January 1990

Methotrexate in Rheumatoid ArthritisImpact on Quality of Life Assessed by Traditional Standard-Item and Individualized Patient Preference Health Status Questionnaires

Author Affiliations

From the Division of Rheumatology, Department of Medicine (Drs Tugwell and Buchanan and Mrs Grace), and the Department of Clinical Epidemiology and Biostatistics (Drs Tugwell and Goldsmith and Ms Bennett), McMaster University, Hamilton, and the Rheumatic Disease Unit, Wellesley Hospital, Toronto (Dr Bombardier), Canada; the Departments of Internal Medicine (Drs Williams and Ward) and Family and Community Medicine (Dr Egger), University of Utah School of Medicine, Salt Lake City; the University of Alabama, Birmingham (Dr Alarcon); the Department of Medicine, State University of New York, SUNY Health Sciences Center at Brooklyn (Dr Guttadauria); the National Institute of Arthritis and Musculoskeletal Diseases, Bethesda (Ms Yarboro), and the Rheumatology Division, The Johns Hopkins University at Good Samaritan Hospital, Baltimore (Dr Billingsley), Md; the Division of Rheumatic and Genetic Diseases, Duke University Medical Center, Durham, NC (Dr Polisson); the Division of Rheumatology, School of Medicine, UCLA (Dr Szydlo); the Division of Immunology, University of Cincinnati Medical Center, Ohio (Dr Luggen); and the Department of Medicine, Harborview Medical Center, Seattle, Wash (Dr Marks).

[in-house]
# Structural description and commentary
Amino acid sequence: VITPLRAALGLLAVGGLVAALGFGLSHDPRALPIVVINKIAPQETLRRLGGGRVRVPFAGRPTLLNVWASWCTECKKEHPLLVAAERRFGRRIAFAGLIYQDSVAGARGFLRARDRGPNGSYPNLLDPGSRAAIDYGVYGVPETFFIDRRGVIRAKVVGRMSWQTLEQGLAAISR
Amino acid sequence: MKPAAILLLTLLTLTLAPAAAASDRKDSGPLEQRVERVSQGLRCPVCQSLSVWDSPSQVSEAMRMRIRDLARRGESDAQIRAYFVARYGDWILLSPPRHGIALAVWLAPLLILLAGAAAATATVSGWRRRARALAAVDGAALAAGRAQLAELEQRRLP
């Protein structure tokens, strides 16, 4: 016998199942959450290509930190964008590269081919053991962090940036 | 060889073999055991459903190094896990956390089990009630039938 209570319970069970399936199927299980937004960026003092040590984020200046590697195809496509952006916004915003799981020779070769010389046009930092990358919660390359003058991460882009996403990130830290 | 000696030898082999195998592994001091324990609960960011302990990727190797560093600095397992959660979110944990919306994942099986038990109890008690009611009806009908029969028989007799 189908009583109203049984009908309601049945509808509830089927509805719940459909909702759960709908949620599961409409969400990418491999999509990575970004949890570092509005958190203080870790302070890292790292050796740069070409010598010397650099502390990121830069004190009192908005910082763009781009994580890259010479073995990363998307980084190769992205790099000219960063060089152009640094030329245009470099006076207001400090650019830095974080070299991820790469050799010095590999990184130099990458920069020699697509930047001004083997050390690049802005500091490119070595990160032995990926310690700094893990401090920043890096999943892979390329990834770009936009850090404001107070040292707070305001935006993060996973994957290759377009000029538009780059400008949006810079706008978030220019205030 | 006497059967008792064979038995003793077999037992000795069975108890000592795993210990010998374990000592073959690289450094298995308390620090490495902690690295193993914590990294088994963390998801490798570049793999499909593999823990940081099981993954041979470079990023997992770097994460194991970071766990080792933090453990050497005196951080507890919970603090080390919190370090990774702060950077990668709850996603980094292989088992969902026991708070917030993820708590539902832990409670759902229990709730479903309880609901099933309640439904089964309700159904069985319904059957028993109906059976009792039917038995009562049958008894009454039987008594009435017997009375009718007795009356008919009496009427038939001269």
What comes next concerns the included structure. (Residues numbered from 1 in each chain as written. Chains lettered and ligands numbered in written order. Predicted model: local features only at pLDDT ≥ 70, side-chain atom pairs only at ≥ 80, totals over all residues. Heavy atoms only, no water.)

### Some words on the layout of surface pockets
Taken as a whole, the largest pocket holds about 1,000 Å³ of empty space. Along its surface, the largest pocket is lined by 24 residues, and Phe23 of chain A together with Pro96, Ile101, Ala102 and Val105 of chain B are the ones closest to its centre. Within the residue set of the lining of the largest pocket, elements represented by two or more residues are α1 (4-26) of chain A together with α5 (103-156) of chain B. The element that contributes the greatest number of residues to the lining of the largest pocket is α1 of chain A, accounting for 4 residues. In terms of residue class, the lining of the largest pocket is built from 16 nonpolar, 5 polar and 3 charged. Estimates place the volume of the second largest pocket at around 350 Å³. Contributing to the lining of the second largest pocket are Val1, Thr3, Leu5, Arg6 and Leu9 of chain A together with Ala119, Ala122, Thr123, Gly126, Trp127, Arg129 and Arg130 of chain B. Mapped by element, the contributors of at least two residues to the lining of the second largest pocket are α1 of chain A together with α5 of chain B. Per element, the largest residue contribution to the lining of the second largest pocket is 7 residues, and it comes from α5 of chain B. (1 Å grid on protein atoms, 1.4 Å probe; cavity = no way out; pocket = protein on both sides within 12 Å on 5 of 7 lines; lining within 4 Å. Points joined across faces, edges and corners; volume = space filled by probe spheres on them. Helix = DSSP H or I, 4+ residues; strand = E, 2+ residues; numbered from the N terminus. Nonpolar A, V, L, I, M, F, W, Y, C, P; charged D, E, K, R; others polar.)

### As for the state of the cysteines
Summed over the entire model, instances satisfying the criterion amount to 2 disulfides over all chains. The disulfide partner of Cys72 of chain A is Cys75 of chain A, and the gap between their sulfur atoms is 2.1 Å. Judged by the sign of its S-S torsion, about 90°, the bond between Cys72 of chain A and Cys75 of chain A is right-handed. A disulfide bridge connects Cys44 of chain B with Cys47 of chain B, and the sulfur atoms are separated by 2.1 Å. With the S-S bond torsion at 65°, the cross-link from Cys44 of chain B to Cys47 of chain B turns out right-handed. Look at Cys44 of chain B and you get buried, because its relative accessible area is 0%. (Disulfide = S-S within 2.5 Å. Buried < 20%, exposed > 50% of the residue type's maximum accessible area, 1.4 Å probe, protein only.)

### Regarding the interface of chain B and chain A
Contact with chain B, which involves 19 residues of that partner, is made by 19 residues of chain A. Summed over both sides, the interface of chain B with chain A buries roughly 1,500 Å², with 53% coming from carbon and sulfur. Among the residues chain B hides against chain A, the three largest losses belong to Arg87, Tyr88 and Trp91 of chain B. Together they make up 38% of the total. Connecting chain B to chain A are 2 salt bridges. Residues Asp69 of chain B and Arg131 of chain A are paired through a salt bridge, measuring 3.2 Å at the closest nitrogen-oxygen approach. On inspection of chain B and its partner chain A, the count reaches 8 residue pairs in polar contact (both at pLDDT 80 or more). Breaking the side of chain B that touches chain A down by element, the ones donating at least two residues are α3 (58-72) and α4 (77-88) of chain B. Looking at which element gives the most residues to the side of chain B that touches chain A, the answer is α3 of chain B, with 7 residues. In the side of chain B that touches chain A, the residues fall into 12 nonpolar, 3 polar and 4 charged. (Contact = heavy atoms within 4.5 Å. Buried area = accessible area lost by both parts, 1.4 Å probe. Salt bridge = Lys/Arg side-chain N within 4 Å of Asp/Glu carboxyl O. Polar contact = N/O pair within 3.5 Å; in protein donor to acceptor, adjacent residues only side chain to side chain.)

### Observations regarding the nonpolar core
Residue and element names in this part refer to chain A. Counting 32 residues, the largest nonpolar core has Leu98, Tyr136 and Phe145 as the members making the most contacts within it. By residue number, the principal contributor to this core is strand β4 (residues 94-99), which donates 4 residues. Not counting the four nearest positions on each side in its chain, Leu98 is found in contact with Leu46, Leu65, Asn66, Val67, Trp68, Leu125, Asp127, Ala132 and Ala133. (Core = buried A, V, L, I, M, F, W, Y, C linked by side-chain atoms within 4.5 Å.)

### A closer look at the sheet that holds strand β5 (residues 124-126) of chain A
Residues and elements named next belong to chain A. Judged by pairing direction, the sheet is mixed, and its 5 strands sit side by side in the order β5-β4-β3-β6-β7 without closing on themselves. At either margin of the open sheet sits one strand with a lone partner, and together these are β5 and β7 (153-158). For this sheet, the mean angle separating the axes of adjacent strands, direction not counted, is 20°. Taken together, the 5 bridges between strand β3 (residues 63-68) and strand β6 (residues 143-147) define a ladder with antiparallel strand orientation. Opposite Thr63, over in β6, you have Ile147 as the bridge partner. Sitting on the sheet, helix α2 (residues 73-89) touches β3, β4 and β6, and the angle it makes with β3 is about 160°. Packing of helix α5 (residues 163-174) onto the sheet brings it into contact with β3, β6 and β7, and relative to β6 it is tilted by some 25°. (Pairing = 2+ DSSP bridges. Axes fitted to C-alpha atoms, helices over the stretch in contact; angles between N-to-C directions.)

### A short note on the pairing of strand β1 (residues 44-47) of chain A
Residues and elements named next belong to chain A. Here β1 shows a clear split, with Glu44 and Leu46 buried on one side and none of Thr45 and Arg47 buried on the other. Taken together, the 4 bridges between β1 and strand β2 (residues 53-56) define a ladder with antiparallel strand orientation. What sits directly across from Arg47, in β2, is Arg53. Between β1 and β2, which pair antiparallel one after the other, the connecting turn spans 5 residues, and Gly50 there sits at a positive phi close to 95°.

Arch Intern Med. 1990;150(1):59-62. doi:10.1001/archinte.1990.00390130073009

• In a double-blind, randomized trial of methotrexate vs placebo in rheumatoid arthritis, the effect of treatment on physical, social, and emotional function was measured in two different ways: the same, standard measurements in all patients, and individualized measurements selected by the patients at the start of the trial as representing the functions they most wanted to have improved by treatment. On the standard measurements, methotrexate-treated patients fared better than placebo-treated patients in their physical, social, and emotional function by 11%, 5%, and 6%, respectively, results that, although statistically significant, were small. However, methotrexate-treated patients were 29% better in the individualized measures, a result that was both highly statistically significant and greater than the differences in the standard measurements or in joint counts, grip strength, proximal interphalangeal joint circumference, morning stiffness, or walking time. Because the individualized measurements were as efficient as the best direct joint examination measures, yet reflected

First Page Preview View Large
First page PDF preview
First page PDF preview